Parayko’s impact was not limited to Fairbanks. He garnered national acclaim, earning WCHA Defensive Player of the Year and NCAA West Second Team All-American honors in each of his last two seasons.
At the end of his junior season, Parayko signed an entry-level contract with the Blues, joining their American Hockey League affiliate, the Chicago Wolves, for the remainder of their 2015 regular season and postseason. After the Wolves were eliminated from the playoffs, he aimed his sights at making an impression with the Blues.
He made an immediate impression. Prior to 2015 training camp, Parayko captained the Blues team to a 3-1 record at the 2015 Traverse City Prospects Tournament, ranking third among tournament defensemen with four points.
When the prospects returned from Traverse City, NHL training camp was in full swing. And Parayko continued to impress.
During physical exams, he checked in at 6-foot-6, 226-pounds and a shade under 6 percent body fat. To borrow a line from Jerry Seinfeld describing a Drake’s Coffee Cake, “That’s your big boy.”
On the ice, Parayko excelled throughout camp and in the preseason. He registered six points during the exhibition schedule which trailed only Vladimir Tarasenko's seven for the team lead.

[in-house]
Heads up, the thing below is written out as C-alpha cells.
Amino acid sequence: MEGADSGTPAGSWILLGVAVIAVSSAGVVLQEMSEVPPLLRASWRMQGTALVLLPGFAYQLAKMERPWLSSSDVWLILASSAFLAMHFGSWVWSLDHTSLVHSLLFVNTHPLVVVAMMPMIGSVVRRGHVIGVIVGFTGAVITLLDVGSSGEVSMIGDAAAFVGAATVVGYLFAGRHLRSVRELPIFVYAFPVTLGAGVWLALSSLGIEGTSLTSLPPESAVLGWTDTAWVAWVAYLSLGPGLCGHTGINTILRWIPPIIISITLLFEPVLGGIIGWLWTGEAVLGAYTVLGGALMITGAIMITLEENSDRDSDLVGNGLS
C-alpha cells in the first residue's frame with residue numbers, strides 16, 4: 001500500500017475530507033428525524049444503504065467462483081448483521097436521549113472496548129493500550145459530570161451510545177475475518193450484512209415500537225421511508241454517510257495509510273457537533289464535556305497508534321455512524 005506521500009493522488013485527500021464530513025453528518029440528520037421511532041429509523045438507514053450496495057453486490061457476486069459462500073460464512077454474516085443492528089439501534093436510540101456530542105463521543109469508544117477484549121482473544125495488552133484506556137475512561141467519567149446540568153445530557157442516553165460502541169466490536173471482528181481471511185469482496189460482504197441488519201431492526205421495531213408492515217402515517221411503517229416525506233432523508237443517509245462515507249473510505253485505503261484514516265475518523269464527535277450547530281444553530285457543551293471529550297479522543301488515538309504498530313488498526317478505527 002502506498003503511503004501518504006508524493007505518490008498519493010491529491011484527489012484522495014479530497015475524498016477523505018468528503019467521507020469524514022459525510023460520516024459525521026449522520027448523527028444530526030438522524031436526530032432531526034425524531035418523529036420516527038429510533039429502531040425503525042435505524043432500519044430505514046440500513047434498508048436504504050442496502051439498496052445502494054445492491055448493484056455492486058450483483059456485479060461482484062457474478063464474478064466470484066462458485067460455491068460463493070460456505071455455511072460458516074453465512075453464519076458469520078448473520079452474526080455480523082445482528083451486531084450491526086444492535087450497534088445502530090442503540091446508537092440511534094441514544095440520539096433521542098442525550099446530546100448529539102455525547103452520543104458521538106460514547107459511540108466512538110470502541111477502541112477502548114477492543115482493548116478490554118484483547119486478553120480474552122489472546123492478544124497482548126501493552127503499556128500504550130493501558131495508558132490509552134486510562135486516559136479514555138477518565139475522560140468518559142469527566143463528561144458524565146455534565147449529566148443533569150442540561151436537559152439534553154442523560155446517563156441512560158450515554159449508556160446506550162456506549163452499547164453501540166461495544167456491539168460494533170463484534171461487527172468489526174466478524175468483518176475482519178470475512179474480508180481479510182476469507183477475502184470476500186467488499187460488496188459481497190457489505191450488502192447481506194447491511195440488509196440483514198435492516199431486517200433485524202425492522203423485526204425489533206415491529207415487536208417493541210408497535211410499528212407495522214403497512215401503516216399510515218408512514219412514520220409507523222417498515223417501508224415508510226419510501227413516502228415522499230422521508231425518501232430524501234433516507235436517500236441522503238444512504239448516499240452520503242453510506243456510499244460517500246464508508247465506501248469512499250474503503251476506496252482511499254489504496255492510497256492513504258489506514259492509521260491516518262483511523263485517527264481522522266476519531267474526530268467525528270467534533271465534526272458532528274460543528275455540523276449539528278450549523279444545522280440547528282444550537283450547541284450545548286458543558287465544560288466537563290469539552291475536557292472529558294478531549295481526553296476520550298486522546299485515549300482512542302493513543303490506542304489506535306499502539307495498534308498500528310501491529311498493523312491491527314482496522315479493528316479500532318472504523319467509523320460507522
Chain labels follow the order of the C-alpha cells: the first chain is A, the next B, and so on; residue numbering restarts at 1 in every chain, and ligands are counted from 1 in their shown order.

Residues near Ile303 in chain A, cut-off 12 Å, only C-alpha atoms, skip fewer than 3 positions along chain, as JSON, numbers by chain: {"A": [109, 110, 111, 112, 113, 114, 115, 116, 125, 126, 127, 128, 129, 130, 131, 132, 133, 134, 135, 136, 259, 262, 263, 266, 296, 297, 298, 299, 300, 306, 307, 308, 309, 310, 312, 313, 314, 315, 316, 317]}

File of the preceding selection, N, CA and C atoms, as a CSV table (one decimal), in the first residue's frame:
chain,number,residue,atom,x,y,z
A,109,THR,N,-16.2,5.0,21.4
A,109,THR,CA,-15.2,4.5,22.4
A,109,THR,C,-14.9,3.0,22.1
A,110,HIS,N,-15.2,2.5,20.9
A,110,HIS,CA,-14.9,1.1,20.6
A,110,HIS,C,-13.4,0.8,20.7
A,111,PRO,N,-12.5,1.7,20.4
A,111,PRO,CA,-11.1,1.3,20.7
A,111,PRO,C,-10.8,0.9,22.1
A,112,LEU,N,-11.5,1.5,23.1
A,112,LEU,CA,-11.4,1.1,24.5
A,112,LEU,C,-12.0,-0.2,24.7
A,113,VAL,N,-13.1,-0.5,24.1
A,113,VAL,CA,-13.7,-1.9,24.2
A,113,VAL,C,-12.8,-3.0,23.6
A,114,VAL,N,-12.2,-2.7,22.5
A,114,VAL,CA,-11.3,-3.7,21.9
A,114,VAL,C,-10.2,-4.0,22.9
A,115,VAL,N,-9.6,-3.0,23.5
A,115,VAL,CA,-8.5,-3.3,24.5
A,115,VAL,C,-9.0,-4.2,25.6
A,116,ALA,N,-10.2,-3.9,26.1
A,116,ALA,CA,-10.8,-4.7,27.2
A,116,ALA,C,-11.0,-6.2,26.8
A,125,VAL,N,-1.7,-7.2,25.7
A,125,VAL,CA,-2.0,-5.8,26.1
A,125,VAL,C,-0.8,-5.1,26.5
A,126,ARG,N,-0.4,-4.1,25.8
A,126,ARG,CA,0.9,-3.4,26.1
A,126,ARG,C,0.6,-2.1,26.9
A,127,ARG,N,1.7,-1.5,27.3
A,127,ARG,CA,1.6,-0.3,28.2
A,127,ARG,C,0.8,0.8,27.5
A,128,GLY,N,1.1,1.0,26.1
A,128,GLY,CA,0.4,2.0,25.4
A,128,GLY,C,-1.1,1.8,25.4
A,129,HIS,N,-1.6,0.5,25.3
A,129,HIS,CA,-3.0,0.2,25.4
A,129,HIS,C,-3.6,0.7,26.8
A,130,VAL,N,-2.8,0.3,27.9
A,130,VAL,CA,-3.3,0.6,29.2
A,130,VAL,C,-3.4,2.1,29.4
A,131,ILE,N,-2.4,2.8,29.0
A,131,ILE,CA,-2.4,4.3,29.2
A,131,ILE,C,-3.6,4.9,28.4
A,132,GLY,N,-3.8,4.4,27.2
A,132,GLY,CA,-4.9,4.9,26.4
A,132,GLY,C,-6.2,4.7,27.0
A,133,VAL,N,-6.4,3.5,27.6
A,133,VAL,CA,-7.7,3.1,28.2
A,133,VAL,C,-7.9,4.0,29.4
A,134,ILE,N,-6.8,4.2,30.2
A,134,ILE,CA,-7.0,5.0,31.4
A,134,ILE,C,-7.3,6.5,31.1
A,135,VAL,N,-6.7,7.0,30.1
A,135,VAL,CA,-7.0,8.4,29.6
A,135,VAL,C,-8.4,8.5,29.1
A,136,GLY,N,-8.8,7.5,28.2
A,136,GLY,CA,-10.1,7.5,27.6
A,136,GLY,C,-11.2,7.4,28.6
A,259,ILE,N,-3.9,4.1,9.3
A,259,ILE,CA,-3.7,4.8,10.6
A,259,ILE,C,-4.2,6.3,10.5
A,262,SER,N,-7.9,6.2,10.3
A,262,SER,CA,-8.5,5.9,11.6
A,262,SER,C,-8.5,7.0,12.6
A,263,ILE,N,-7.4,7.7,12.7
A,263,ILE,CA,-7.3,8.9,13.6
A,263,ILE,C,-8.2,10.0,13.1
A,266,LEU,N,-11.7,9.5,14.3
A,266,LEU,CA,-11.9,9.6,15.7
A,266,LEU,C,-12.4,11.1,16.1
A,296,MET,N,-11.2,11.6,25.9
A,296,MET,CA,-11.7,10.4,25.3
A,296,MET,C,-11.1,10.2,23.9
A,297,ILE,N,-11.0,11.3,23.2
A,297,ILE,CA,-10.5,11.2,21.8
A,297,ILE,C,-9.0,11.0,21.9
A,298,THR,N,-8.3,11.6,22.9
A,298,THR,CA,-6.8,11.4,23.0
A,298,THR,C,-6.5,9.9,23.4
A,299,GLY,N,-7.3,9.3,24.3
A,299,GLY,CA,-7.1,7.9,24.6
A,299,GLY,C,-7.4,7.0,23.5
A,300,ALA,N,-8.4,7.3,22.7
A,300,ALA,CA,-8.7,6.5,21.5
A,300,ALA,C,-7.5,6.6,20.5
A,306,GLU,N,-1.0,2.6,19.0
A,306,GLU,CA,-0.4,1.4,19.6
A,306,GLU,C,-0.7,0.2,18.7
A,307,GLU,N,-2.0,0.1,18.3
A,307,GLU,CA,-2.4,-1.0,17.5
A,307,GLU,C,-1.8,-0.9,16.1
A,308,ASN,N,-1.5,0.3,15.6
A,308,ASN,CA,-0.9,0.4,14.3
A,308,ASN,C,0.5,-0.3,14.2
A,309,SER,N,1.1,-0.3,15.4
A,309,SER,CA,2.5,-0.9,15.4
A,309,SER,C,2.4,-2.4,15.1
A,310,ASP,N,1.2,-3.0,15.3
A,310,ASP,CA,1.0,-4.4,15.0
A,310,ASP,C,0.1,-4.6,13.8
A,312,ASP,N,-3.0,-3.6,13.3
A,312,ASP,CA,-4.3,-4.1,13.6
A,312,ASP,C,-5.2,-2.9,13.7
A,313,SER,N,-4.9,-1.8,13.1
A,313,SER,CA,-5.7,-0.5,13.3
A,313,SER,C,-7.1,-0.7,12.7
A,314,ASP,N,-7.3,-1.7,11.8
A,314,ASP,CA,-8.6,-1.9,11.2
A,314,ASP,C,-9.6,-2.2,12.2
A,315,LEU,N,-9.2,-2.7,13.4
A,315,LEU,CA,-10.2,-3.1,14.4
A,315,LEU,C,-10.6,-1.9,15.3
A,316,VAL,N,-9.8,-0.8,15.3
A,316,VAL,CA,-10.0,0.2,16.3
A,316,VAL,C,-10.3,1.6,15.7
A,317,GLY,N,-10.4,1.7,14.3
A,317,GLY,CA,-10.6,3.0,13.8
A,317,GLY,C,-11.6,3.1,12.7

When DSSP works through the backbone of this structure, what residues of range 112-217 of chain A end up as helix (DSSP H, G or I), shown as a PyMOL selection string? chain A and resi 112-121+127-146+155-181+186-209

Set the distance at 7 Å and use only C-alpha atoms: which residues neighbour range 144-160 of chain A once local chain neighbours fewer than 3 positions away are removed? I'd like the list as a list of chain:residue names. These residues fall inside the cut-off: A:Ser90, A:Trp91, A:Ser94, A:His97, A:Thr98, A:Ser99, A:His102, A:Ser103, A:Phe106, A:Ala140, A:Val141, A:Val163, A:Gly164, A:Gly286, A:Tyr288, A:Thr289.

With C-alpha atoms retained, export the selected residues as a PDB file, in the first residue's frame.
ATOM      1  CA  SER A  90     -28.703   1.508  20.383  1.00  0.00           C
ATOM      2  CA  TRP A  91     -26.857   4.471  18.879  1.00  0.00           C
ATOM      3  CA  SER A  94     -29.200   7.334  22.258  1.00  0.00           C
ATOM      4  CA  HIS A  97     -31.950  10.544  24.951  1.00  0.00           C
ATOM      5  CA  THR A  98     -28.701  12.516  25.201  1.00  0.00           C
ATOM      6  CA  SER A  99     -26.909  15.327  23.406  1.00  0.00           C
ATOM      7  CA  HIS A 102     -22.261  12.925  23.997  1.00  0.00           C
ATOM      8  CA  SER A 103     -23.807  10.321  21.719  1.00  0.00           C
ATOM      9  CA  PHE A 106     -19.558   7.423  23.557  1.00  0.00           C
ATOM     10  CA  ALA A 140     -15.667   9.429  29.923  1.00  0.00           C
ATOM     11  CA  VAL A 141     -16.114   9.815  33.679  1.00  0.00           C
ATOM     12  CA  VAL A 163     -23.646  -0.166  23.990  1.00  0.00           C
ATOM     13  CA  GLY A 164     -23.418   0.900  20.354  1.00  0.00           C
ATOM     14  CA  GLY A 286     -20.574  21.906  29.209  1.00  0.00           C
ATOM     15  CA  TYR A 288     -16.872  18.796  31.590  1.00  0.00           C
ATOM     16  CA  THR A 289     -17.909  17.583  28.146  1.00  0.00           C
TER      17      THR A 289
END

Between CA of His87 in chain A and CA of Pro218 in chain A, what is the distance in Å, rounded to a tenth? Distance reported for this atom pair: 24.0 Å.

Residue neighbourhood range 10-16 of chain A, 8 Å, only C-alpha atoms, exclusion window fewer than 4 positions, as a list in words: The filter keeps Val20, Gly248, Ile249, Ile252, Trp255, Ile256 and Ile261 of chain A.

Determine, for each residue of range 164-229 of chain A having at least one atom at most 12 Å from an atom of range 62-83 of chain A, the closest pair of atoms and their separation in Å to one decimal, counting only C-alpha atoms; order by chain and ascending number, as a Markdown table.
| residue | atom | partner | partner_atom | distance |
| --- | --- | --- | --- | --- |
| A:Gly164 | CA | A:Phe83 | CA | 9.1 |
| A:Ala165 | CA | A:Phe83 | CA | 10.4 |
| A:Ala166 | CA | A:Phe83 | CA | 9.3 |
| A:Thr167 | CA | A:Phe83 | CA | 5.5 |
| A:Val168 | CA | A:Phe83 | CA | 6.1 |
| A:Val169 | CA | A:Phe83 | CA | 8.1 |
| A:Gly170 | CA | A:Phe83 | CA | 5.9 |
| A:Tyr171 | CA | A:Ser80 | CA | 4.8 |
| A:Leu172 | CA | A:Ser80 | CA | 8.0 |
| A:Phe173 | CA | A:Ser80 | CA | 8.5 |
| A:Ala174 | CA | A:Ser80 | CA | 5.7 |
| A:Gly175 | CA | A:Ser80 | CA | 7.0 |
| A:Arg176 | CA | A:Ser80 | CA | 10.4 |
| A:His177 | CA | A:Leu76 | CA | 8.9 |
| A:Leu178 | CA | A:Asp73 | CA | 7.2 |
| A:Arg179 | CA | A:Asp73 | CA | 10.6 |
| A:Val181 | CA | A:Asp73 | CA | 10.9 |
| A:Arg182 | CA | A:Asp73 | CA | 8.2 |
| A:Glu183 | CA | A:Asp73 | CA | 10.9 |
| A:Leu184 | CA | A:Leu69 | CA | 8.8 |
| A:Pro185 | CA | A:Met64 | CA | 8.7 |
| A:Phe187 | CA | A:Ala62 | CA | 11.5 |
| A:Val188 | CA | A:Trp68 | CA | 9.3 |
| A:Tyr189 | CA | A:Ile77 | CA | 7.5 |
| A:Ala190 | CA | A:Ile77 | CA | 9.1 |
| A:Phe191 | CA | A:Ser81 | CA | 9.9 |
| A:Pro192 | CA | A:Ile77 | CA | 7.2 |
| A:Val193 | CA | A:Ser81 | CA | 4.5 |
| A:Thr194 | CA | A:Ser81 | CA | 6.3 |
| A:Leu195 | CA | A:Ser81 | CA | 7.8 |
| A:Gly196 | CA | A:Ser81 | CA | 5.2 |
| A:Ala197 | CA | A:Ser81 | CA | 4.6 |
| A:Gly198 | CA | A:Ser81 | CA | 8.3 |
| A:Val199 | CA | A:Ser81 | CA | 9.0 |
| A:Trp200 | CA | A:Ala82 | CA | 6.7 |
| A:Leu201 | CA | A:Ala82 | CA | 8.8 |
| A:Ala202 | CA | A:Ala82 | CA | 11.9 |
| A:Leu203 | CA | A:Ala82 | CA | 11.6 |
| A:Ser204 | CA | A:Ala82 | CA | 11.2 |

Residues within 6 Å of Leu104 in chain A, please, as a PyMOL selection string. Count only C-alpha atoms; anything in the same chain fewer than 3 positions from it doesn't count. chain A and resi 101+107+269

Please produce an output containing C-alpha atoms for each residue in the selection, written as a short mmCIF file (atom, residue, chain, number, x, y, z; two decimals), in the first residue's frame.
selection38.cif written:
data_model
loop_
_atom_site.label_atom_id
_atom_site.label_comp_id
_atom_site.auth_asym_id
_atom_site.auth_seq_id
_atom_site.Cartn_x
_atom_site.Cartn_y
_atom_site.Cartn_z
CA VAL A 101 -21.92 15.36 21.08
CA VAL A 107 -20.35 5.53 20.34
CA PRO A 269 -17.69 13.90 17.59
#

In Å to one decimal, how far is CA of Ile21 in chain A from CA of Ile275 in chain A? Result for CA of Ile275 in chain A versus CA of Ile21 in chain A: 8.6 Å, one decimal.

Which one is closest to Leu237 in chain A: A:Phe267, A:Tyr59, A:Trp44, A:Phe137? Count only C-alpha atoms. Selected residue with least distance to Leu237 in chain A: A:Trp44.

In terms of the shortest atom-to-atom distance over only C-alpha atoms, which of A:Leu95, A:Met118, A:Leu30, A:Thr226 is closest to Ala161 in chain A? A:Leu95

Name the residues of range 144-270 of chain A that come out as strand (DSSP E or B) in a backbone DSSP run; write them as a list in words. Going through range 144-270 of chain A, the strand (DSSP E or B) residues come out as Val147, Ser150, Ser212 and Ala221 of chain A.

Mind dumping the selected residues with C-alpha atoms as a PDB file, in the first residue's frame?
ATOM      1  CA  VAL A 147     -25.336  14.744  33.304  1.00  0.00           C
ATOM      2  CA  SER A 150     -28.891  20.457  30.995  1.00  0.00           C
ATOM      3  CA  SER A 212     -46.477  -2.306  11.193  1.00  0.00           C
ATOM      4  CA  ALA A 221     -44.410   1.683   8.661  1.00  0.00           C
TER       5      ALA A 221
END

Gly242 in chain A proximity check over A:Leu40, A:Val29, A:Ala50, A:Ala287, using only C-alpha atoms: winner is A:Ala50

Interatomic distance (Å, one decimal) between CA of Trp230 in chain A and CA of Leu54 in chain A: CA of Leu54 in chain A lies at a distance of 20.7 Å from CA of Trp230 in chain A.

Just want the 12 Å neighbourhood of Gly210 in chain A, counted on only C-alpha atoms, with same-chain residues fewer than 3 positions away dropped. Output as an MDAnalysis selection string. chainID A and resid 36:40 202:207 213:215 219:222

With his play at Chicago, his leadership at Traverse City, his off-ice testing and his success during the preseason, Parayko made a bigger splash than he could have imagined.
But an NHL roster is hard to crack. The Blues were coming off a 2015 Central Division title. They had posted the NHL’s best regular-season record since Ken Hitchcock took over in 2011-12. Defensively, they had allowed just 2.22 goals per game in the same span – second only to Los Angeles. They had incumbent players waiting in line to complete the defensive unit. On paper, there were no openings. The coaching staff had the luxury of exercising patience with young players.
But Parayko would not be denied. His hard work and skills were eye-opening and on Oct. 8, he joined 20 other Blues who suited-up to open the 2015-16 regular season against the Edmonton Oilers at Scottrade Center.
Fifteen games into the season, five goals and five assists in, Blues fans have become well-aware of Parayko. The former Nanook is receiving rave reviews and big ovations from the Scottrade faithful as an emerging Blues standout.